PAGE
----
As frequent collaborators in the built environment, architects and interior designers sometimes encounter parallels in their professions’ skills and expertise. This correlation can lead to confusion and uncertainty on the part of the public surrounding practitioners’ roles and responsibilities. To help address this and enable more effective collaboration and regulation, the National Council of Architectural Registration Boards (NCARB) and the Council for Interior Design Qualification (CIDQ) released a joint report exploring similarities and differences between the essential knowledge, skills, and tasks required for competency in each profession.
The professions of architecture and interior design, while similar in practice and required knowledge, are unique and distinct disciplines that both have an important role in protecting the health, safety, and welfare of the public within the built environment.
NCARB and CIDQ maintain similar paths in support of regulated practice, including specialized education, professional experience, and examination. The joint report compares the essential tasks required to competently practice their profession identified by recent practice analyses, as well as the objectives assessed by NCARB and CIDQ’s required examinations.
Following careful research and discussion, NCARB and CIDQ identified several areas of definite similarity between the professions, as well as areas where there is some similarity or no similarity. The report provides a summary of these similarities and differences, as well as a detailed breakdown of any commonality between each task and each assessment objective.
For example, the collective team’s analysis found that 67 of the 87 tasks in CIDQ’s Practice Analysis (77 percent) reflected definite or some similarity, and 20 of the 87 tasks (23 percent) reflected no similarity to NCARB’s tasks. Additionally, 77 of the 96 tasks in NCARB’s Practice Analysis (80 percent) reflected definite or some similarity and 19 of the 96 tasks (20 percent) reflected no similarity to CIDQ’s tasks.
Additionally, the report highlights how differences in the structure and approach toward requirements impacts the study—for example, while NCARB’s tasks are often specific, CIDQ’s tend to be broader in nature. In many instances, the two professions use similar or the same terminology, which may have different meanings or application in their respective practices.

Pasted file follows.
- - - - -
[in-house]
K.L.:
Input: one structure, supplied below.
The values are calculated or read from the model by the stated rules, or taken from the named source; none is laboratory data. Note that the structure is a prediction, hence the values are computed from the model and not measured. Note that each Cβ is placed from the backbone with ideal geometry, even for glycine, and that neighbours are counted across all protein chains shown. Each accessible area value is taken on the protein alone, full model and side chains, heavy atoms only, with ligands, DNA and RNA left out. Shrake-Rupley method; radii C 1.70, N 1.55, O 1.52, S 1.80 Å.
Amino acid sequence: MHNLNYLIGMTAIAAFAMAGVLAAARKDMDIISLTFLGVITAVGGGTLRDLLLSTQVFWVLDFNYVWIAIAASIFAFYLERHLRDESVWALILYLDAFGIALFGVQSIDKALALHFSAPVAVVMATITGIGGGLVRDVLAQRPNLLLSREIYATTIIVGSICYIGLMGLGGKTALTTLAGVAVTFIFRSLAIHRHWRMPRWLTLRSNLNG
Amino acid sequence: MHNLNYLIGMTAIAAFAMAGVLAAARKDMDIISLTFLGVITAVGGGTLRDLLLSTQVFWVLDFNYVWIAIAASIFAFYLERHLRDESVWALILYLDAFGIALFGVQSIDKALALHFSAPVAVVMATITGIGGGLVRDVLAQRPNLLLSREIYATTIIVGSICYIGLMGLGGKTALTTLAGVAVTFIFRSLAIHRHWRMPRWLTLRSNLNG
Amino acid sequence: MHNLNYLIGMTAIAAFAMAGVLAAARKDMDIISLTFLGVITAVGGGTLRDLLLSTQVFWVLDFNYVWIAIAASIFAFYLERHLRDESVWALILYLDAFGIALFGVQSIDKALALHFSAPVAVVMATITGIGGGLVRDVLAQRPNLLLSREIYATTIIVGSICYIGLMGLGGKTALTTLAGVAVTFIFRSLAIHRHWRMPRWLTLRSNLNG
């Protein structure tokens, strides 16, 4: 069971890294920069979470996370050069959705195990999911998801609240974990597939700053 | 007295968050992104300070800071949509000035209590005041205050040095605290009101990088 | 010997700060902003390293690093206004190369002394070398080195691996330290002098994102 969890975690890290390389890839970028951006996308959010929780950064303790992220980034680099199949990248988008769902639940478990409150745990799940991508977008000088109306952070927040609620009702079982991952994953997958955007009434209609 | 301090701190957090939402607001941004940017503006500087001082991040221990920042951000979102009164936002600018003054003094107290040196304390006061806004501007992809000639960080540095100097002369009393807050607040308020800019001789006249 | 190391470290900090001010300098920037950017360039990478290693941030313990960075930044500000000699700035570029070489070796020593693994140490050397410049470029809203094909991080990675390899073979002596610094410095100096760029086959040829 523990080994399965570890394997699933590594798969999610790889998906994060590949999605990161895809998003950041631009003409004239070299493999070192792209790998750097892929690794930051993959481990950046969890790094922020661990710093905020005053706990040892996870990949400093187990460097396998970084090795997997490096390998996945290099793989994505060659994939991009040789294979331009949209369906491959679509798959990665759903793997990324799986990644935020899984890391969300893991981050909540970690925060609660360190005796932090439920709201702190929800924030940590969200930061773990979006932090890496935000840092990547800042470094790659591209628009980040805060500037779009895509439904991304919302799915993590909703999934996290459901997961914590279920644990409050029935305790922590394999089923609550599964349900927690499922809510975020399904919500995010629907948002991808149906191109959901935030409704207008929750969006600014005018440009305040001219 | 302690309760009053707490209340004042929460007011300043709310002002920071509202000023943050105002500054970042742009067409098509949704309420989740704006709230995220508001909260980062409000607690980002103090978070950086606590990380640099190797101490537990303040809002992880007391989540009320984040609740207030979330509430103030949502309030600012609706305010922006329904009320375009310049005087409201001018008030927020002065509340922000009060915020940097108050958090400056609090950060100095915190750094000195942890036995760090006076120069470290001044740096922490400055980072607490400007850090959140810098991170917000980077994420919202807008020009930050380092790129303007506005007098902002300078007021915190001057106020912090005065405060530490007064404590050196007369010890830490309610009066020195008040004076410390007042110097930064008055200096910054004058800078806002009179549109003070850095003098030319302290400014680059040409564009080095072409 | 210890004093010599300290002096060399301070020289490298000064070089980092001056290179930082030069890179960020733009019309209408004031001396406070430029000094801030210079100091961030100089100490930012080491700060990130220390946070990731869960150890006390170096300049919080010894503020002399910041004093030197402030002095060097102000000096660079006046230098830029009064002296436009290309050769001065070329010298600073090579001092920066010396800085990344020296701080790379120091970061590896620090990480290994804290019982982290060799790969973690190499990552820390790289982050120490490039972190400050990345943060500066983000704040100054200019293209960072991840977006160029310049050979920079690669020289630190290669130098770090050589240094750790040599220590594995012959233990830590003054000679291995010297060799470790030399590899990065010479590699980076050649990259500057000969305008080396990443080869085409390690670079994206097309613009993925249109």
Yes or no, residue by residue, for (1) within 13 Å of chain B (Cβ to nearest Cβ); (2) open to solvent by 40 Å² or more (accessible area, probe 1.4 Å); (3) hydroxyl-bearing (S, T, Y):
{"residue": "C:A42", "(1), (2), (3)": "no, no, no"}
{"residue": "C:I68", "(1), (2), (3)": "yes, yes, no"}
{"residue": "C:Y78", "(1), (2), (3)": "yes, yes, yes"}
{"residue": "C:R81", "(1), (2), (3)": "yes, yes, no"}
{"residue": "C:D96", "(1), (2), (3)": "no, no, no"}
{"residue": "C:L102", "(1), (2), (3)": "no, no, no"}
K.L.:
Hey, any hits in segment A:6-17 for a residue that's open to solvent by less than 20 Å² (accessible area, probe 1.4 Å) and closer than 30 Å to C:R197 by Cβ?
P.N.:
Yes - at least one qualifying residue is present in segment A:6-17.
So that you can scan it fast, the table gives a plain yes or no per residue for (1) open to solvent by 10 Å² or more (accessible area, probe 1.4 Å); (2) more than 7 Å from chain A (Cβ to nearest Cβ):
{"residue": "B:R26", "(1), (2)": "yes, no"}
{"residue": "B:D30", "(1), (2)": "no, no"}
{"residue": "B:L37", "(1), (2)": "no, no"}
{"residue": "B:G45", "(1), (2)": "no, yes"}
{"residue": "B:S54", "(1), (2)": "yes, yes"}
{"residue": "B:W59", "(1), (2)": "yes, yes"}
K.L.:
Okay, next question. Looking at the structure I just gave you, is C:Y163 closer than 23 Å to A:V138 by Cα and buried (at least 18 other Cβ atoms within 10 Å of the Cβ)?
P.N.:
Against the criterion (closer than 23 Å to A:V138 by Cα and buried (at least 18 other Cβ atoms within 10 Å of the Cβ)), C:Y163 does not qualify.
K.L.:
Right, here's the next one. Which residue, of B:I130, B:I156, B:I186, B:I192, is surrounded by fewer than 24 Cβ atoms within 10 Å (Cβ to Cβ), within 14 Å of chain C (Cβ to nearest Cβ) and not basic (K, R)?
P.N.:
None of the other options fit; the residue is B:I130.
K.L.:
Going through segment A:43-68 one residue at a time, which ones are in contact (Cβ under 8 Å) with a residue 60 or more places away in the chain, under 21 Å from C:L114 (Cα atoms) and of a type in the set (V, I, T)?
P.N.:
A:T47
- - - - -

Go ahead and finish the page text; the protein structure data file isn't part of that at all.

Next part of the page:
Background and Methodology
The report is the culmination of multiple years of effort, which began when NCARB’s FY18 President Gregory L. Erny, FAIA, NCARB, Hon. FCARM, created an Interior Architecture Work Group to compare “interior design” and “interior architecture” degree programs. In FY19, the work group expanded their efforts to include a comparison of NCARB and CIDQ’s most recent practice analyses. Following an initial review, NCARB’s subject matter experts invited CIDQ to collaborate. After each organization independently compared practice analyses and examination assessment objectives, the subject matter experts met to review and explore findings, ultimately identifying areas of definite similarity, some similarity, or no similarity.
As the regulation of interior design continues to evolve in the United States, a growing number of licensing boards jointly regulate both architecture and interior design. This report can be used to inform the public about these professions and licensing boards as they establish rules and requirements in their role to protect the public’s health, safety, and welfare.